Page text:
Compression packing has been around since the beginning of the industrial revolution and is still used extensively in types of equipment in which a stuffing box seal is required to prevent loss of process fluids to the environment. While advanced sealing solutions for rotary applications, such as mechanical seals, emerged over time, compression remains an important industrial tool.
A compression packing seal is established by installing the packing ring set into the stuffing box (see Figure 1). Then, the gland on the back of the stuffing box is tightened to compress the packing between the shaft and stuffing box wall. Once compressed, the packing expands, exerting a radial force to the sides of the stuffing box and against the shaft.
Built-in lubricants are released from the packing as gland pressure is applied. These lubricants are particularly important during equipment startup.
Eventually, the process fluid, or an external flushing fluid, takes over the packing's lubricating function and provides a continuous film of fluid to reduce friction. Heat dissipates through the shaft, packing, pump housing and process fluid.
Built-in lubricants are gradually lost during pump operation, often requiring further gland adjustment. Gland pressure is regulated to provide the optimum lubrication to seal and prevent overheating. Over time, loss of the lubricant and wear of the packing rings contribute to gradual decreased effectiveness, leading to the need to replace the packing.
The choice of packing material affects the operating costs of centrifugal pumps, but little is known about the relationship. The Fluid Sealing Association (FSA) and European Sealing Association (ESA) began to address this lack of data by developing industry standard test methods to shed light on how packing behaves.
The acronym "STAMPS" can be used to remember key considerations that can determine which packing material and construction should be selected:
S Size – What are the stuffing box dimensions?
T Temperature – What is the temperature of the medium?
A Application – What type of equipment is it?
M Media – What medium is being sealed?
P Pressure – What is the internal pressure being sealed?
S Shaft speed – What is the surface speed of the shaft?
Compression Packing Failure
One common mistake is the tendency to maximize the packing's time in service to a perceived point of failure before replacing it. Defining failure is more a matter of opinion than science.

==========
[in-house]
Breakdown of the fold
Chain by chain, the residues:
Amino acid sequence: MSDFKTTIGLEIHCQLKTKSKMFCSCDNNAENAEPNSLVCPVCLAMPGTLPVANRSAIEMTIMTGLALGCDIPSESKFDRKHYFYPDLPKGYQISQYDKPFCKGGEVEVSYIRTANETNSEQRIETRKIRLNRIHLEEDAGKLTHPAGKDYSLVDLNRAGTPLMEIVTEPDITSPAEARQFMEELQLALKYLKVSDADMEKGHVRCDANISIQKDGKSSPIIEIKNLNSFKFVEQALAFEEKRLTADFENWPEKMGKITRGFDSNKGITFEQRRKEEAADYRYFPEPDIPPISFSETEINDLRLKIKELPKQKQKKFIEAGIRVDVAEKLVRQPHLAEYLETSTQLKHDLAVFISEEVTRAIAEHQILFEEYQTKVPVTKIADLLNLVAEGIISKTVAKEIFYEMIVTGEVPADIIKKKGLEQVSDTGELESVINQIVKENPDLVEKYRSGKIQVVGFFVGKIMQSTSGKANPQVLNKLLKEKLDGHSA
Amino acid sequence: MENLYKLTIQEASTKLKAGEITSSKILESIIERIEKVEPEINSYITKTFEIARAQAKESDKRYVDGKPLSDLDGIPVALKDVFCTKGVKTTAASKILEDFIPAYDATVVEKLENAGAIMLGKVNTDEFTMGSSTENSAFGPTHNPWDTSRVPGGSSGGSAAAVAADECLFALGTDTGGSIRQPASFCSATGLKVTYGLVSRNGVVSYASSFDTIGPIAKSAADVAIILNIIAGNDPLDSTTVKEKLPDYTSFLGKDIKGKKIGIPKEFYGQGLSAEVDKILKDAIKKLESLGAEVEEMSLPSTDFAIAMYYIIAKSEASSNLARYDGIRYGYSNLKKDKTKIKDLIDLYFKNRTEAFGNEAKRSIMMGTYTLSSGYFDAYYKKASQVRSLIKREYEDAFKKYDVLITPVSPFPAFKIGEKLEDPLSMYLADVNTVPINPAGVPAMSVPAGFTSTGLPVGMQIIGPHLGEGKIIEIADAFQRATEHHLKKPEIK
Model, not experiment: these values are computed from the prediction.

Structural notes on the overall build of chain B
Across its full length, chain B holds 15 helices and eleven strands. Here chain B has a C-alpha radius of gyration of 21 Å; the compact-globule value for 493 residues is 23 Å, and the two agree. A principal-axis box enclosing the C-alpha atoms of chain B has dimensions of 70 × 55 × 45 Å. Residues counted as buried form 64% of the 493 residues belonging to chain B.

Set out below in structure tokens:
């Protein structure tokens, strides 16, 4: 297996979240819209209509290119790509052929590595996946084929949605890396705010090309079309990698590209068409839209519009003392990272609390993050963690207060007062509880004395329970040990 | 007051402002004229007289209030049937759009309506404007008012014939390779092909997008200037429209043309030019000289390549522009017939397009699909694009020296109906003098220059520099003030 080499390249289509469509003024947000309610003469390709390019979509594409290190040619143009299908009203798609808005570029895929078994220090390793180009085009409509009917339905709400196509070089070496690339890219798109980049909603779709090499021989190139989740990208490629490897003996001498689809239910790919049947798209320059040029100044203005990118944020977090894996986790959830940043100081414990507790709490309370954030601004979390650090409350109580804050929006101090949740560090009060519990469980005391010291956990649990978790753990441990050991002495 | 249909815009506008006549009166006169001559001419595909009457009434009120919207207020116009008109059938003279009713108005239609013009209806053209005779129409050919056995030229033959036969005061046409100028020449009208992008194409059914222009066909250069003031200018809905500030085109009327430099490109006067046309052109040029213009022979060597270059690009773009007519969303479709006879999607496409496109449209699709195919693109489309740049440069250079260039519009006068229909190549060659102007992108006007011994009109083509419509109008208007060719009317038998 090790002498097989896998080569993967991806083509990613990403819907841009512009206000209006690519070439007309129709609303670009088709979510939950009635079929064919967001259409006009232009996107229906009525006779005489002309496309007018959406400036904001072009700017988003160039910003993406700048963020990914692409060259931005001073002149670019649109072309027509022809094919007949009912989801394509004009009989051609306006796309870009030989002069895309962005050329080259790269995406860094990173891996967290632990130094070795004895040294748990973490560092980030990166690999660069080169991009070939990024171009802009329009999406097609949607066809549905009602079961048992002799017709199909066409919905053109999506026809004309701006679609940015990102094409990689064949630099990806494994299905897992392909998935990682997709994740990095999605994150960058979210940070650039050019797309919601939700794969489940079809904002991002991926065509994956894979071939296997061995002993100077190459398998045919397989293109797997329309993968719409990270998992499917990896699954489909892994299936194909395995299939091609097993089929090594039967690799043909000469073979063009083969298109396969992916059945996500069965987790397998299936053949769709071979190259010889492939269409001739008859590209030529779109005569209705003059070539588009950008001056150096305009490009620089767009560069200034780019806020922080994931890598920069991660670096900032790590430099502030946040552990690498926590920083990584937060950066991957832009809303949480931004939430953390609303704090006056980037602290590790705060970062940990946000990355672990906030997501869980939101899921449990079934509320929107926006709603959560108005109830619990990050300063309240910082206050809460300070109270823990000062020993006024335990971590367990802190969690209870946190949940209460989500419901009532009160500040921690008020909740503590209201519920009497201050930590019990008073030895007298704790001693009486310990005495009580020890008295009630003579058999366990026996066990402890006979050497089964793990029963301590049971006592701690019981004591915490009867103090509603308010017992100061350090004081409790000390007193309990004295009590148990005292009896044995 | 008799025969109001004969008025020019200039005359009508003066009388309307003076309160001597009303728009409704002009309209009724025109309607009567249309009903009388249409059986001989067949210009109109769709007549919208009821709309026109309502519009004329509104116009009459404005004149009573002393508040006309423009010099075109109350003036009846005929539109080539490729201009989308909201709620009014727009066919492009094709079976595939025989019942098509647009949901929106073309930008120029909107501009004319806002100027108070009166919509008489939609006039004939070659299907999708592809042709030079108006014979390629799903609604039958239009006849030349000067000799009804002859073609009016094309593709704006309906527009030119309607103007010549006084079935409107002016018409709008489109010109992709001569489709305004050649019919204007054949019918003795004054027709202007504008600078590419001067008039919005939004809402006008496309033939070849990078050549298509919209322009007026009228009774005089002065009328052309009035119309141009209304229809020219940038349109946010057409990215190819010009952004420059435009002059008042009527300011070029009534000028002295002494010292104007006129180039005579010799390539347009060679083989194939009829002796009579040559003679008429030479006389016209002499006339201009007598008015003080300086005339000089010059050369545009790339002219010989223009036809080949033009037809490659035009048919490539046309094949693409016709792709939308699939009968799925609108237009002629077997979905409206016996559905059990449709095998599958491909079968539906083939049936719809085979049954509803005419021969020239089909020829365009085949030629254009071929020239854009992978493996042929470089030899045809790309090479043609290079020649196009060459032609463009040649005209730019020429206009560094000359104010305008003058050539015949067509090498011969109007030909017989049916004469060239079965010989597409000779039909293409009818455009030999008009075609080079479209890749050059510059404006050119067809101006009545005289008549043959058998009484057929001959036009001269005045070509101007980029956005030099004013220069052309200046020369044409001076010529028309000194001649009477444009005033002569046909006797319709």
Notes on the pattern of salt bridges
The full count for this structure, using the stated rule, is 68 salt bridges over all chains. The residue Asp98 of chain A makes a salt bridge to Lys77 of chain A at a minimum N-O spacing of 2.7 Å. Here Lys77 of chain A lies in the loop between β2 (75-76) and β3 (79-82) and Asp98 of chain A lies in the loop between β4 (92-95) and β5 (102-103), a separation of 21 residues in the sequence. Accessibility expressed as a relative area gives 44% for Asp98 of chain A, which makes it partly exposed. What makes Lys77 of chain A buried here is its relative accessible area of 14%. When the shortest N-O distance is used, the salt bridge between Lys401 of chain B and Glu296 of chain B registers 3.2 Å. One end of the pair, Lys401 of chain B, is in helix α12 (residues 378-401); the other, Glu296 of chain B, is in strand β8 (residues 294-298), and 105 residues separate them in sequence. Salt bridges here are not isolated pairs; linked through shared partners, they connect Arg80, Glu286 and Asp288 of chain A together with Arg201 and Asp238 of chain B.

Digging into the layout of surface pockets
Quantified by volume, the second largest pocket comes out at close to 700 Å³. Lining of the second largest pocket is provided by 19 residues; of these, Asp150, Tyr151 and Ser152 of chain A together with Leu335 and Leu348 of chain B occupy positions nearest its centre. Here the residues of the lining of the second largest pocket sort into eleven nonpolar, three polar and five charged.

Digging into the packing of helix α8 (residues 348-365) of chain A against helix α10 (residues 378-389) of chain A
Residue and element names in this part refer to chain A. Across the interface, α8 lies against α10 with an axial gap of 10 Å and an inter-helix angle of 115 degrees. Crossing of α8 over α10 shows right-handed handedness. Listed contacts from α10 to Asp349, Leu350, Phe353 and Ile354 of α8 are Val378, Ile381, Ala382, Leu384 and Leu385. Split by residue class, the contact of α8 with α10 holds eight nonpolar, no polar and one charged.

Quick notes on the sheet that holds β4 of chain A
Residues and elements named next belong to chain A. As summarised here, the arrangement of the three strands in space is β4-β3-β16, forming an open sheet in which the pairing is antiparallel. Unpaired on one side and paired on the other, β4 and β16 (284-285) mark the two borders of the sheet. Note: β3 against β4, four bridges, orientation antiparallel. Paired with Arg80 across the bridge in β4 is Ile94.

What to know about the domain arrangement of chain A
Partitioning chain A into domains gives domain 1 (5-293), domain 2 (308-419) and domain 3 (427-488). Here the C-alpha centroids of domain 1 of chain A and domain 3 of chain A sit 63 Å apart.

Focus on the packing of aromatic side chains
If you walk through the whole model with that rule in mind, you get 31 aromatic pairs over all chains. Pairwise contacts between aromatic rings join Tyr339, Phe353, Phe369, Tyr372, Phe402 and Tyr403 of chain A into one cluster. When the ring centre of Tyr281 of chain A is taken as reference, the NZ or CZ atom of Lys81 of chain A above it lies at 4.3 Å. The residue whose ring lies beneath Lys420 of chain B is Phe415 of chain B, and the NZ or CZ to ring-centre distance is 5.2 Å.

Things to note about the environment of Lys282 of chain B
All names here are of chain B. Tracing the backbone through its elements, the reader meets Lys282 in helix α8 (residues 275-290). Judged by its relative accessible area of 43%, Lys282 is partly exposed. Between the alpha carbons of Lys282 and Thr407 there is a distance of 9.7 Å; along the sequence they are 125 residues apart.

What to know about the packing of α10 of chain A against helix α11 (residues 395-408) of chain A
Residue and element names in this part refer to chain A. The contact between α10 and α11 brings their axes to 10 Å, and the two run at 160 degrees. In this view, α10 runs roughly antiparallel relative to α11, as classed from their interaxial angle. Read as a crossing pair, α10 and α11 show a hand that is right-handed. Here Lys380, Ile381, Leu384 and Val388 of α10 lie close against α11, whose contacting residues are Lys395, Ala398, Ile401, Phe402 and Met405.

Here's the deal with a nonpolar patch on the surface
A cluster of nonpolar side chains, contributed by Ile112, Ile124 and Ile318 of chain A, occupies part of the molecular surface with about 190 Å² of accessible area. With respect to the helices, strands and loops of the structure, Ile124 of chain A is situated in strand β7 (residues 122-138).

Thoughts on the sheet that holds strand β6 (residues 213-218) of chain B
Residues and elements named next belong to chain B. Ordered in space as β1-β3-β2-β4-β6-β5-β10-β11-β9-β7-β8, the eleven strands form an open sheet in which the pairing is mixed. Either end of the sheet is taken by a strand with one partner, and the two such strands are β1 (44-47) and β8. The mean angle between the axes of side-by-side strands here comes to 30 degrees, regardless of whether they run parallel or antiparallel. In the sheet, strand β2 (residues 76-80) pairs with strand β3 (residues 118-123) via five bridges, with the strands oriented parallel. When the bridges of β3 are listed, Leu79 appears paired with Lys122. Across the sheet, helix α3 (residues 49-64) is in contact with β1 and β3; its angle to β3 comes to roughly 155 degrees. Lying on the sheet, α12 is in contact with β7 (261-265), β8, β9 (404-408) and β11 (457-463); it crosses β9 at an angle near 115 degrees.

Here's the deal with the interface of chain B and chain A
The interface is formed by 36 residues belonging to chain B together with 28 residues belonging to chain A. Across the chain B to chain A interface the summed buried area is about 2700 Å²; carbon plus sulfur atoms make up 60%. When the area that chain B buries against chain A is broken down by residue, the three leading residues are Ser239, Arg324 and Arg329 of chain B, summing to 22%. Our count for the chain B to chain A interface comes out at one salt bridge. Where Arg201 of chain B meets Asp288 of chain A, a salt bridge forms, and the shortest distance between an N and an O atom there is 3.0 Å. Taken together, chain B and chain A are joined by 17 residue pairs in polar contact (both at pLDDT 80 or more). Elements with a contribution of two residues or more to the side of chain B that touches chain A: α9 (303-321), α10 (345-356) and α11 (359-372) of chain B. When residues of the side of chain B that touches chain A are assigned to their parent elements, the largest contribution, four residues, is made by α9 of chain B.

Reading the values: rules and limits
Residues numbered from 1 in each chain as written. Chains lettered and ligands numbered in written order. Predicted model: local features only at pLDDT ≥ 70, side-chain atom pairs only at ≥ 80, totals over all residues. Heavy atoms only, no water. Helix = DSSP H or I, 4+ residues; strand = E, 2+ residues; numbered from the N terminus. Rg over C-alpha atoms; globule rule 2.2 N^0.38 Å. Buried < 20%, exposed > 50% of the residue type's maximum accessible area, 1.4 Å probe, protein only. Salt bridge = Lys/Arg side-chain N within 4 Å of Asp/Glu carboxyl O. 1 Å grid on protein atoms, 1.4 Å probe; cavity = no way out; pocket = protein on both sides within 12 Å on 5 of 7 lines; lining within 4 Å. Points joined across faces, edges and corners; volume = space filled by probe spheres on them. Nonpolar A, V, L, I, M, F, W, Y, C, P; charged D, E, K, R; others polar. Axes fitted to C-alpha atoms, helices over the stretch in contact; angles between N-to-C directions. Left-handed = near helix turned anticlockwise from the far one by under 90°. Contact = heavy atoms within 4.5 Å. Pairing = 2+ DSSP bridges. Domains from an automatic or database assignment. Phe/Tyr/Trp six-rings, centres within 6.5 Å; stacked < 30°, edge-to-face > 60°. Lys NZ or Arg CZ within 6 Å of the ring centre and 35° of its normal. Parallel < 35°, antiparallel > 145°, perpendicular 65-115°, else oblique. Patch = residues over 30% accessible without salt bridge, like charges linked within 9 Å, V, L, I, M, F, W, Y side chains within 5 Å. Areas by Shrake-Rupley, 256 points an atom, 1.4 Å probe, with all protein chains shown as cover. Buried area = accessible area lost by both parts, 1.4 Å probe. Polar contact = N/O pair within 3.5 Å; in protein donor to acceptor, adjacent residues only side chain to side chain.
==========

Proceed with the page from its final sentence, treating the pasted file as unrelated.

Signs that the packing has failed include increased leakage, smoke at the stuffing box or uncontrolled leakage at the gland.
Safety-conscious operators service the pump and replace the packing at regular intervals. However no common criteria for determining the replacement frequency or relating it to the packing material are available. An acceptable replacement cycle time is heavily dependent on the application, the equipment and the packing.
The confusion occurs because of the forgiving nature of compression packing. Pump operation is not impaired until the packing fails. It should be replaced long before this occurs. For any type of packing, operating costs are relatively fixed when it is functioning correctly. As performance deteriorates, operating cost increases are much larger than the initial cost of the packing ring set.
Based on the way packing works, three factors affect costs:
- Power loss, shaft/sleeve abrasion and material wear caused by friction
- External flush fluid leak rate from the stuffing box to dissipate heat caused by friction
- Labor to adjust gland pressure to maintain minimal leak rate from the stuffing box
The best practice is to monitor changes at the stuffing box and replace the packing before costs increase. There are many costs, and depending on each application any of these costs could be the most significant. For example, the cost of product loss and product dilution could be much higher than power consumption or flush water losses depending on location and the cost of labor.
Signs of Failure
After the pump and auxiliary systems have achieved a steady state, measure the temperature at the stuffing box and record the difference from the ambient temperature. For example, if ambient is 65 F and the stuffing box is 110 F, the operating baseline differential is 45 F.
Measure the drip rate from the stuffing box in drips per minute and record that as well. Over time, operators will adjust the gland follower to maintain this drip rate. Signs that the packing is failing and needs to be replaced are now easier to identify and can include any of the following: